In January of this year, the oppositionist,
blogger and lawyer, Alexei Navalny, was charged with defrauding Kirovles, a
state-owned timber company. According to investigators, as advisor to the
governor of Kirov Oblast, Navalny allegedly organized the theft of corporate
property worth 16 million rubles ($510,000).
The Investigation Committee of
Russia (ICR) stated that it had managed to gather enough evidence to prosecute.
The ICR spokesman for Kirov Oblast, Andrei Vasilkov, described the case as
“common in the economic sphere.”
Many would beg to differ:
ranging from Navalny himself and his like-minded supporters to the flank of
European politicians and diplomats closely monitoring the progress of the
trial, who have attended hearings and openly stated that the case “has special
The verdict could impact relations between Russia and
Europe. The main question is how.
According to the director of
the Moscow Carnegie Center, Dmitry Trenin, the lawsuit is tainting the atmosphere
of bilateral relations. He is sure that a conviction would not lead to instant
ramifications in the two sides’ long-term economic or political relations.
“Nevertheless, Western leaders will, of course, be forced to censure the
political nature of the trial of Alexei Navalny, the bias of the Russian
judiciary and the pressure on non-sanctioned opponents,” notes Trenin.
“It would be comparable, on a smaller scale, to the West’s reaction to the
guilty verdict brought against Khodorkovsky.”
In comment about Europe’s
options in the Navalny case, he stated that it would be a mistake to respond by
reneging on agreements already reached or freezing negotiations in progress,
such as the introduction of a visa-free regime for Russian citizens to the EU.
in Europe who would like to see a more civilized Russia should strongly
advocate the abolition of visas,” asserts Trenin.
Alexei Mukhin, general director
of the Center for Political Information, is convinced that “the Europeans
have always managed to divorce politics from economics and remain true to themselves.”
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In other words, they will not attempt to hinder the growth of the EU’s economy
and break off negotiations on visa-free travel to Europe for Russian citizens
for political reasons.
Former head of the Policy Planning Department of the
French Foreign Ministry, Marie Mendras, agreed in an interview with Kommersant Vlast: “The
establishment does not want to turn the current situation in Russia into a
political issue, since economic diplomacy is a priority for Paris.”
“However, the trial of
Alexei Navalny will be widely discussed in European circles long known for
harboring anti-Russian sentiment, including the OSCE and the European
Commission,” says Mukhin. The matter is also fertile ground for proponents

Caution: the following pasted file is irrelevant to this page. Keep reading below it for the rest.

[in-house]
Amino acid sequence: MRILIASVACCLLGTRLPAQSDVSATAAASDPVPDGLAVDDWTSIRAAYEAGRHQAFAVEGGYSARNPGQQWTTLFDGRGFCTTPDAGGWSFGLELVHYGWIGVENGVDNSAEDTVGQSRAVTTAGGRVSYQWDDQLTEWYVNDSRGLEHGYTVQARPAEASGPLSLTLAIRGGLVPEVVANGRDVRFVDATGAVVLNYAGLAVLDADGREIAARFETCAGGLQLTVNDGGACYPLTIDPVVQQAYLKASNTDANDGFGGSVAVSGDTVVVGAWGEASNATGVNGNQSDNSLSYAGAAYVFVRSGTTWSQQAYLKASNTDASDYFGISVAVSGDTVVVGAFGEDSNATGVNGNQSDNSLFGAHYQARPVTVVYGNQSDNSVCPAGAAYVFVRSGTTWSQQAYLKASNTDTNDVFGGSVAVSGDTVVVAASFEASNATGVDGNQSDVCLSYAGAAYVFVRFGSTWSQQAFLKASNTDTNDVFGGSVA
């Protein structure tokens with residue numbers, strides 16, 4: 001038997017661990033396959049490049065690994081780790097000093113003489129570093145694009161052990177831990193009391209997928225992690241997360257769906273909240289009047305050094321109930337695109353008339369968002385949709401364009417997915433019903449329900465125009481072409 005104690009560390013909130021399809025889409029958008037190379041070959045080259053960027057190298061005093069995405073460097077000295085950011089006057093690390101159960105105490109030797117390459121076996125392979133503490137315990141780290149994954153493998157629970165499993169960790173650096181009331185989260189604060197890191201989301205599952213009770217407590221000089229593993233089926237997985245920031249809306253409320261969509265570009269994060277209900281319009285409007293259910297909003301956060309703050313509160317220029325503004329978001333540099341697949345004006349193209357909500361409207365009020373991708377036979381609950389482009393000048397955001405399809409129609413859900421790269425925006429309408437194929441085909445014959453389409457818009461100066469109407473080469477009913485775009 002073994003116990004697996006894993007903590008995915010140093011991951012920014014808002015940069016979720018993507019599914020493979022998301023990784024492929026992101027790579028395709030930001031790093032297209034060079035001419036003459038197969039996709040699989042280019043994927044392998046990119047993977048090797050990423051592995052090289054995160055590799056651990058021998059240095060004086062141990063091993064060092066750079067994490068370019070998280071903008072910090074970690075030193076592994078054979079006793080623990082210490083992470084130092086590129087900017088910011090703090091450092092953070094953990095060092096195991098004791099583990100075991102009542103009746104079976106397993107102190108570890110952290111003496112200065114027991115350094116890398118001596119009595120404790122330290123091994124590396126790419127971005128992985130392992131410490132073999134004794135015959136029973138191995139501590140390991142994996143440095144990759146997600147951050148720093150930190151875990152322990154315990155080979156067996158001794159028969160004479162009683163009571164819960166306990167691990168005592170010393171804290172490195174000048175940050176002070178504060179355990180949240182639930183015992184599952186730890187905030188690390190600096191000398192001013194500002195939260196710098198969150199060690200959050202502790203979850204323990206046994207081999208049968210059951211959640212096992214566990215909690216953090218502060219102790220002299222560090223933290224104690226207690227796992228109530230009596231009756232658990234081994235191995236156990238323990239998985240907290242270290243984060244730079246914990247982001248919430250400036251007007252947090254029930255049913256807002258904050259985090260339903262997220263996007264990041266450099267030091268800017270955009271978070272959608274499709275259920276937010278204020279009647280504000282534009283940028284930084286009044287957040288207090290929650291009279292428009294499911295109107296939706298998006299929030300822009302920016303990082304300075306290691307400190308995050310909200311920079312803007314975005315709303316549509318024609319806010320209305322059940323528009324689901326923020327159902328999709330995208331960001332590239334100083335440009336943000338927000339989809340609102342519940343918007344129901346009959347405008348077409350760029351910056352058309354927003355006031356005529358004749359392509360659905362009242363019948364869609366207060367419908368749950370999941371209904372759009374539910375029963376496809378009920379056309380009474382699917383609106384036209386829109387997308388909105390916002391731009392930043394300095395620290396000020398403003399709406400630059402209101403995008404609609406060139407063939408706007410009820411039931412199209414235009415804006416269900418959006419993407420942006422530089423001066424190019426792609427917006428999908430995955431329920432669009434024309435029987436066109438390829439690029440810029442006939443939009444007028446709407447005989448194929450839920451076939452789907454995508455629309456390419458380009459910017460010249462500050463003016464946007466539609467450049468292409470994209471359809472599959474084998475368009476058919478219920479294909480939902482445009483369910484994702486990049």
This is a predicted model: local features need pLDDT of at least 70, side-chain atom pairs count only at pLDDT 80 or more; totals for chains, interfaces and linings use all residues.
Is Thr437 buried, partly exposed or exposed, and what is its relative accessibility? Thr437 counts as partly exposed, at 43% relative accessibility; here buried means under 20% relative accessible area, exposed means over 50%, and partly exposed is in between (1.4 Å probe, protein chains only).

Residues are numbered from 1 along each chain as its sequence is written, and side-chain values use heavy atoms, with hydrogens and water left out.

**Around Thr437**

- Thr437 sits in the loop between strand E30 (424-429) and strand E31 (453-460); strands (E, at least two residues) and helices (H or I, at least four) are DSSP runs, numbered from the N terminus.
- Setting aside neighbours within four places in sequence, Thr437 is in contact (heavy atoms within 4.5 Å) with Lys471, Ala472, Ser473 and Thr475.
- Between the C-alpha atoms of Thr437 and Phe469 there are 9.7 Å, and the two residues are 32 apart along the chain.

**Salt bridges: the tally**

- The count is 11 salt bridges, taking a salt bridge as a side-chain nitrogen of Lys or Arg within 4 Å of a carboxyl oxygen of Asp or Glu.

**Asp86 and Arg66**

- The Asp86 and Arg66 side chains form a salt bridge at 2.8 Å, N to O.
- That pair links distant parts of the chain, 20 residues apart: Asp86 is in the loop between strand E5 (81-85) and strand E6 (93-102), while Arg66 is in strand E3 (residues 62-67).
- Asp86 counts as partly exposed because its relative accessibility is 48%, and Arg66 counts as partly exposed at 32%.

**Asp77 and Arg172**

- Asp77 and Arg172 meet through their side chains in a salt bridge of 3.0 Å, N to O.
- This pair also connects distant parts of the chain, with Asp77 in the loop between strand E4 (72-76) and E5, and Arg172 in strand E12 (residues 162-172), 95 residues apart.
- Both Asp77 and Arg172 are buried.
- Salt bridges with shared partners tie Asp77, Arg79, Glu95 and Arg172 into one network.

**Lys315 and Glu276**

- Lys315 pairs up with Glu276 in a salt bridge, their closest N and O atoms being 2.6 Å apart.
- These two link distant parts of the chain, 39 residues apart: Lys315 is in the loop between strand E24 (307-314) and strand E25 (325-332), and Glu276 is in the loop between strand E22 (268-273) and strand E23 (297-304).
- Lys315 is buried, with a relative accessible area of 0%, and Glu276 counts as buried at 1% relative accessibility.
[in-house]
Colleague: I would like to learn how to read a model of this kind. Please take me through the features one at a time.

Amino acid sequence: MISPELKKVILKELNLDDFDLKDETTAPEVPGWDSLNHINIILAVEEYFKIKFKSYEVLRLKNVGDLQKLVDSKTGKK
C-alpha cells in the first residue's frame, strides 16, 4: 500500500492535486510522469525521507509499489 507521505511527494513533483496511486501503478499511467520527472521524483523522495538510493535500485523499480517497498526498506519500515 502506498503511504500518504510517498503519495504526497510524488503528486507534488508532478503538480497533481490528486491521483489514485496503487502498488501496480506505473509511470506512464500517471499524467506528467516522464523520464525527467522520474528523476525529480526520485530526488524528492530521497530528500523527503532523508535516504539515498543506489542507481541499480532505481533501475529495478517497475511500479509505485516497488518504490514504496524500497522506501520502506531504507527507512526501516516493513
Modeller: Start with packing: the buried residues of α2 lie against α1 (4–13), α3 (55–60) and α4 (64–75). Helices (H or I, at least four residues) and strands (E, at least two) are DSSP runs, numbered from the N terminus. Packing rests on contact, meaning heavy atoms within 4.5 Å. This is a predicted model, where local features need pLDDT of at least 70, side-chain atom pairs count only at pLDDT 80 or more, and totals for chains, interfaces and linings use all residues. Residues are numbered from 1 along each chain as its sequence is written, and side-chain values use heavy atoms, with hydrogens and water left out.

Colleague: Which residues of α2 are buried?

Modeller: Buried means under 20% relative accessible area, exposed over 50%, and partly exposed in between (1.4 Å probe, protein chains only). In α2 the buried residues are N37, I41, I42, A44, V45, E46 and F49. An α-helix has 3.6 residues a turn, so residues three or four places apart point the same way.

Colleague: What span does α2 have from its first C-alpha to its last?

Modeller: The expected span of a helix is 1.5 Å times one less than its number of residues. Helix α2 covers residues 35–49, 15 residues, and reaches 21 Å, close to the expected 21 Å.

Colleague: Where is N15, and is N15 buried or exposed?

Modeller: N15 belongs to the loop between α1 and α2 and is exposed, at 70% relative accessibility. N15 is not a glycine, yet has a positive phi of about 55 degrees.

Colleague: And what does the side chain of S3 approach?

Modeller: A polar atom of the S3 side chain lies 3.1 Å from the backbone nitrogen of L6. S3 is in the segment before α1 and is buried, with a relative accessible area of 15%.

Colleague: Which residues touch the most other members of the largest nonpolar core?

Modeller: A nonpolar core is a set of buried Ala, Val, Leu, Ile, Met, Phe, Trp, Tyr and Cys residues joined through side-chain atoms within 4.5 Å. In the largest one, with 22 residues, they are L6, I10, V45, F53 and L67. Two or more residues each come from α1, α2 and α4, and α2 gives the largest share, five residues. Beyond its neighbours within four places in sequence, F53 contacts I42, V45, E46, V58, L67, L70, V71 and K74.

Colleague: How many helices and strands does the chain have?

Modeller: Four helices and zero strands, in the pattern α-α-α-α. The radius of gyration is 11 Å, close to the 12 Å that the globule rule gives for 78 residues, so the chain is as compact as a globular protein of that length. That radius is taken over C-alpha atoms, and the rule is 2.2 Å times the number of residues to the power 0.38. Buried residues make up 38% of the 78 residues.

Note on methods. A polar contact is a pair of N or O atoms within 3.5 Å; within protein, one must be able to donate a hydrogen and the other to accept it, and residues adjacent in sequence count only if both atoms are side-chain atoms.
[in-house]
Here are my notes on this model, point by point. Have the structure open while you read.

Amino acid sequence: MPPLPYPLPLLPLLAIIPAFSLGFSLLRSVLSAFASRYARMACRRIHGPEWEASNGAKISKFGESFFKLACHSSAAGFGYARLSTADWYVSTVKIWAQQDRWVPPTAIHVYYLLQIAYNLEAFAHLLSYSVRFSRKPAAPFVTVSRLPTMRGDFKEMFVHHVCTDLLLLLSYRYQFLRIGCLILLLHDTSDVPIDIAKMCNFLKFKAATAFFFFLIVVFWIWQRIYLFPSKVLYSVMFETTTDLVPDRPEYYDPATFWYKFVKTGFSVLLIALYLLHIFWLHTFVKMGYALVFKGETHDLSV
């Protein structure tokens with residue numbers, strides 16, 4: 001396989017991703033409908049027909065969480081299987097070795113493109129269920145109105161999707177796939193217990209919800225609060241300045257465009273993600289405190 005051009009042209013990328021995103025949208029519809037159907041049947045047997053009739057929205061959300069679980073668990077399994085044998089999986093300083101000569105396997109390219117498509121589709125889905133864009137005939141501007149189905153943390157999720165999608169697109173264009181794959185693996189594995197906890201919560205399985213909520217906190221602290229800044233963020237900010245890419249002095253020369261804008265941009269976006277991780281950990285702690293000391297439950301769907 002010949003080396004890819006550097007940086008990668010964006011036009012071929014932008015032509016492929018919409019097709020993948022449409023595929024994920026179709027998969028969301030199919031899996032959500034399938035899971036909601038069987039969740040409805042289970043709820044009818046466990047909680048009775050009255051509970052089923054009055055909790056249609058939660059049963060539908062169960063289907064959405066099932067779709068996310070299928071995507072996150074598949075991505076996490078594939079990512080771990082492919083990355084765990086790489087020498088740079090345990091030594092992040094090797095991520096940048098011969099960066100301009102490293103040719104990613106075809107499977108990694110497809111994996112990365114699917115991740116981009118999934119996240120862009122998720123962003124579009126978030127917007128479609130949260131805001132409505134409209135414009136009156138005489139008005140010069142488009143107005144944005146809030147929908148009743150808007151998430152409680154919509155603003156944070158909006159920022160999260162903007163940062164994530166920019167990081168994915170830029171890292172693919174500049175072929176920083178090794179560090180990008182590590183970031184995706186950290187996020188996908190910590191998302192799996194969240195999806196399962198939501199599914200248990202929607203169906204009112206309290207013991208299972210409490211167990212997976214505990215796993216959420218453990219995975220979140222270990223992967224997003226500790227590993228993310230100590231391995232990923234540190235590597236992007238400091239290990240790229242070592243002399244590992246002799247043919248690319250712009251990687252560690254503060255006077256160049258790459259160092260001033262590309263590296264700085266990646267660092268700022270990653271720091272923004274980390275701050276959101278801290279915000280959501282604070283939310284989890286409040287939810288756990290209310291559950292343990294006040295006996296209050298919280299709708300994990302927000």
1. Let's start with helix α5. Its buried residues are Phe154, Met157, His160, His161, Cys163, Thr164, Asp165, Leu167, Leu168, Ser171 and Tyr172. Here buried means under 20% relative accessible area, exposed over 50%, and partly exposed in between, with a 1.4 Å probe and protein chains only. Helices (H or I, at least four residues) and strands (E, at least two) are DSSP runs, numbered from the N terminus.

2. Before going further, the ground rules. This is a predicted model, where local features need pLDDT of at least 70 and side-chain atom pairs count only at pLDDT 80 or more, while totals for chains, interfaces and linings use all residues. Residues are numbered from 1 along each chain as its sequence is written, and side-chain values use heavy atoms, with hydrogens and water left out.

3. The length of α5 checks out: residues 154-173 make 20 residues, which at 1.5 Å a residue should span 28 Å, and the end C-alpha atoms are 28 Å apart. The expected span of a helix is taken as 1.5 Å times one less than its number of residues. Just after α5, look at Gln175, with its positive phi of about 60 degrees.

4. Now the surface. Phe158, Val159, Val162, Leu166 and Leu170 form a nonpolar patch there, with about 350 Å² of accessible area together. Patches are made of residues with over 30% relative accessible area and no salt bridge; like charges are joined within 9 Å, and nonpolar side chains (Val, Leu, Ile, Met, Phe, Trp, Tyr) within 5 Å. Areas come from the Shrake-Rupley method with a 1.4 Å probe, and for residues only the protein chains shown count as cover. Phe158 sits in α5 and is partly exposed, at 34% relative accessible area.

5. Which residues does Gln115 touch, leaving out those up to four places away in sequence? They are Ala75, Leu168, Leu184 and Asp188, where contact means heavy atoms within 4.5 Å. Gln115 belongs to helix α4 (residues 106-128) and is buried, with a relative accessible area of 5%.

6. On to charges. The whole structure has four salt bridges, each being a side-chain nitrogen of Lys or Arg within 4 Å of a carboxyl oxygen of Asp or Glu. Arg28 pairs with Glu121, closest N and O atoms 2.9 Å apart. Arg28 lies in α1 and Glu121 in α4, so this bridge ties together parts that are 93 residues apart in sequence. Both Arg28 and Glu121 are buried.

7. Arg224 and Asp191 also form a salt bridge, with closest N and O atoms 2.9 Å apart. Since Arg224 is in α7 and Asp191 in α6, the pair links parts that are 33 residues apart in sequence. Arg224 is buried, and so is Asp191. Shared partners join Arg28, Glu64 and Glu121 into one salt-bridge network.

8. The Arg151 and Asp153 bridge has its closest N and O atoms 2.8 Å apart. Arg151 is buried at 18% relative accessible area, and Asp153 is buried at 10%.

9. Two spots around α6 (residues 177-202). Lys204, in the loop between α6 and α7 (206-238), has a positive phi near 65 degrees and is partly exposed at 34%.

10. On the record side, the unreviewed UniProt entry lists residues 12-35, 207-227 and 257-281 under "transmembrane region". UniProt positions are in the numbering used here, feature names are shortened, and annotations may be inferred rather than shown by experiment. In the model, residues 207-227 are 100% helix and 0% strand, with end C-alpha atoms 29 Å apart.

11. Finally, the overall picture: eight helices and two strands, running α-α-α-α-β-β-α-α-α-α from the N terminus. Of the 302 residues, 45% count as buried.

of a European equivalent to the Magnitsky list.
“Even U.S. society is
beginning to doubt the expediency of the Magnitsky list. Many in the US regard
the act as unconstitutional, since those listed were selected according to
arbitrary criteria, besides which none of the persona
non grata had been the
subject of a legal investigation prior to their inclusion in the list,”
Mukhin points out.
“If Europe wants to draw up its own Magnitsky list,
there must be a judicial decision. Such a ruling would be unprecedented and
naturally provoke a series of responses from Moscow, complicating matters even
However, the European
Parliament’s attitude to the trial is openly critical.
The deputy head of the
European Parliament on EU-Russia cooperation, Werner Schultz, said the
following in an interview with Kommersant
Vlast: “The Navalny case is just the tip of the iceberg. There is a
whole stack of lawsuits and investigations related to the protests against
Putin’s inauguration a year ago. It is time for the EU to follow America’s
example and adopt the Magnitsky list.”
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Lastly, a third viewpoint is
held by renowned Russian expert and president of the National Strategy
Institute, Mikhail Remizov. In his opinion, the trial of Alexei Navalny will
mainly impact the dynamics of Western public opinion: it will further cloud
Russia’s already negative image in the eyes of Europeans.
Remizov’s opinion is shared by
former Polish Foreign Minister (1993-1995), Andrzej Olechowski: “I can’t
imagine there will be any sanctions,” he said in an interview with Kommersant Vlast.
“Russia is not a
country that will take them lying down. However, such cases will lead to ever
greater frustration and disappointment with Russia. That could set Moscow’s
relations with the EU back many years.”